The above also demonstrate that high variance means instability of the training algorithm. This means that the model has increased sensitivity to the training data and limited flexibility to learn the true signal of the “population”. For instance, this occurs when a complex function is employed with the purpose to describe a vector space of lower complexity. In this case, the model memorizes noise from the training data and it as a result it is not able to make accurate predictions for the unknown data.  Forman (2015) described this problem as over-fitting:

“Variance is the algorithm’s tendency to learn random things irrespective of the real signal by fitting highly flexible models that follow the error/noise in the data too closely (over-fitting).”

As cited by Scott-Fortmann (2012), dealing with bias and variance errors is about dealing with over and under-fitting problems. Bias is reduced and variance is increased when increasing the complexity of the training models. When more parameters are added to the training model, its complexity rises and as a result the variance becomes primary concern while bias steadily falls. The opposite results occur when the model’s parameters get reduced.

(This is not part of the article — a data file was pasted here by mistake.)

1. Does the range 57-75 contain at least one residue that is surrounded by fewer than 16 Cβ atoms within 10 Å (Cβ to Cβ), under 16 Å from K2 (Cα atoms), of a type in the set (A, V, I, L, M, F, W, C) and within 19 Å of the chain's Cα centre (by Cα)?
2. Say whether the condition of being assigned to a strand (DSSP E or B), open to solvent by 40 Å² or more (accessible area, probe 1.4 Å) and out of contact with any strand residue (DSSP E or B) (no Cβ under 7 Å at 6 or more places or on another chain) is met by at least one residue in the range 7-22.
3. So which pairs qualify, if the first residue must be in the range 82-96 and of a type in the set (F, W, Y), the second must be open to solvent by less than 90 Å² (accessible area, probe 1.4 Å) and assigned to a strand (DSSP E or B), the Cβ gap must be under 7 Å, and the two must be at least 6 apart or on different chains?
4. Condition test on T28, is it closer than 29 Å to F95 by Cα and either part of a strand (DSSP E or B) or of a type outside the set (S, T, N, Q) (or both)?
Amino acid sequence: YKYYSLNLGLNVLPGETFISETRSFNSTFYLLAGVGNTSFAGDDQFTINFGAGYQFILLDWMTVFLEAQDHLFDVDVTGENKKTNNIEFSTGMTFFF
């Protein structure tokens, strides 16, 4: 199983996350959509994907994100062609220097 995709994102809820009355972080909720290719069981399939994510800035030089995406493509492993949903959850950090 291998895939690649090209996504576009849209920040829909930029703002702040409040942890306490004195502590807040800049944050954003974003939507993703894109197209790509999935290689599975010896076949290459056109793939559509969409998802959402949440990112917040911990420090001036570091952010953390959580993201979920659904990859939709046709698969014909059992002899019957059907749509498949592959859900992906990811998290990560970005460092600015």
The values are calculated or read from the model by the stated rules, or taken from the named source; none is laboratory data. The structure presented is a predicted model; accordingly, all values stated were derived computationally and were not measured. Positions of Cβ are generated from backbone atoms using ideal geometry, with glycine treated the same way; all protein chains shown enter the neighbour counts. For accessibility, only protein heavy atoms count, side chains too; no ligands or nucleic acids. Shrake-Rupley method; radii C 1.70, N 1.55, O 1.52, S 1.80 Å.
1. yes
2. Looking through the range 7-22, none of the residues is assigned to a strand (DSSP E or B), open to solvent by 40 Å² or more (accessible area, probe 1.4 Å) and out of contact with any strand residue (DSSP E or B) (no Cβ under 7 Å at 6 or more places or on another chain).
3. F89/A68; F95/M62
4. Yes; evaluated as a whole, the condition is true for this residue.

Source: Scott-Fortmann (2012)

Since bias and variance errors cannot be simultaneously reduced, the target is to identify the optimal trade-off between them. Andrew Ng (2014) has provided some practical guidelines for improving the trade-off between bias and variance:

In order to reduce variance he suggests:

  • get more training examples
  • decrease model complexity
  • increase the regularization parameter (will be discussed further)

In order to reduce bias he suggests:

  • get additional features
  • increase model complexity
  • decrease the regularization parameter (will be discussed further)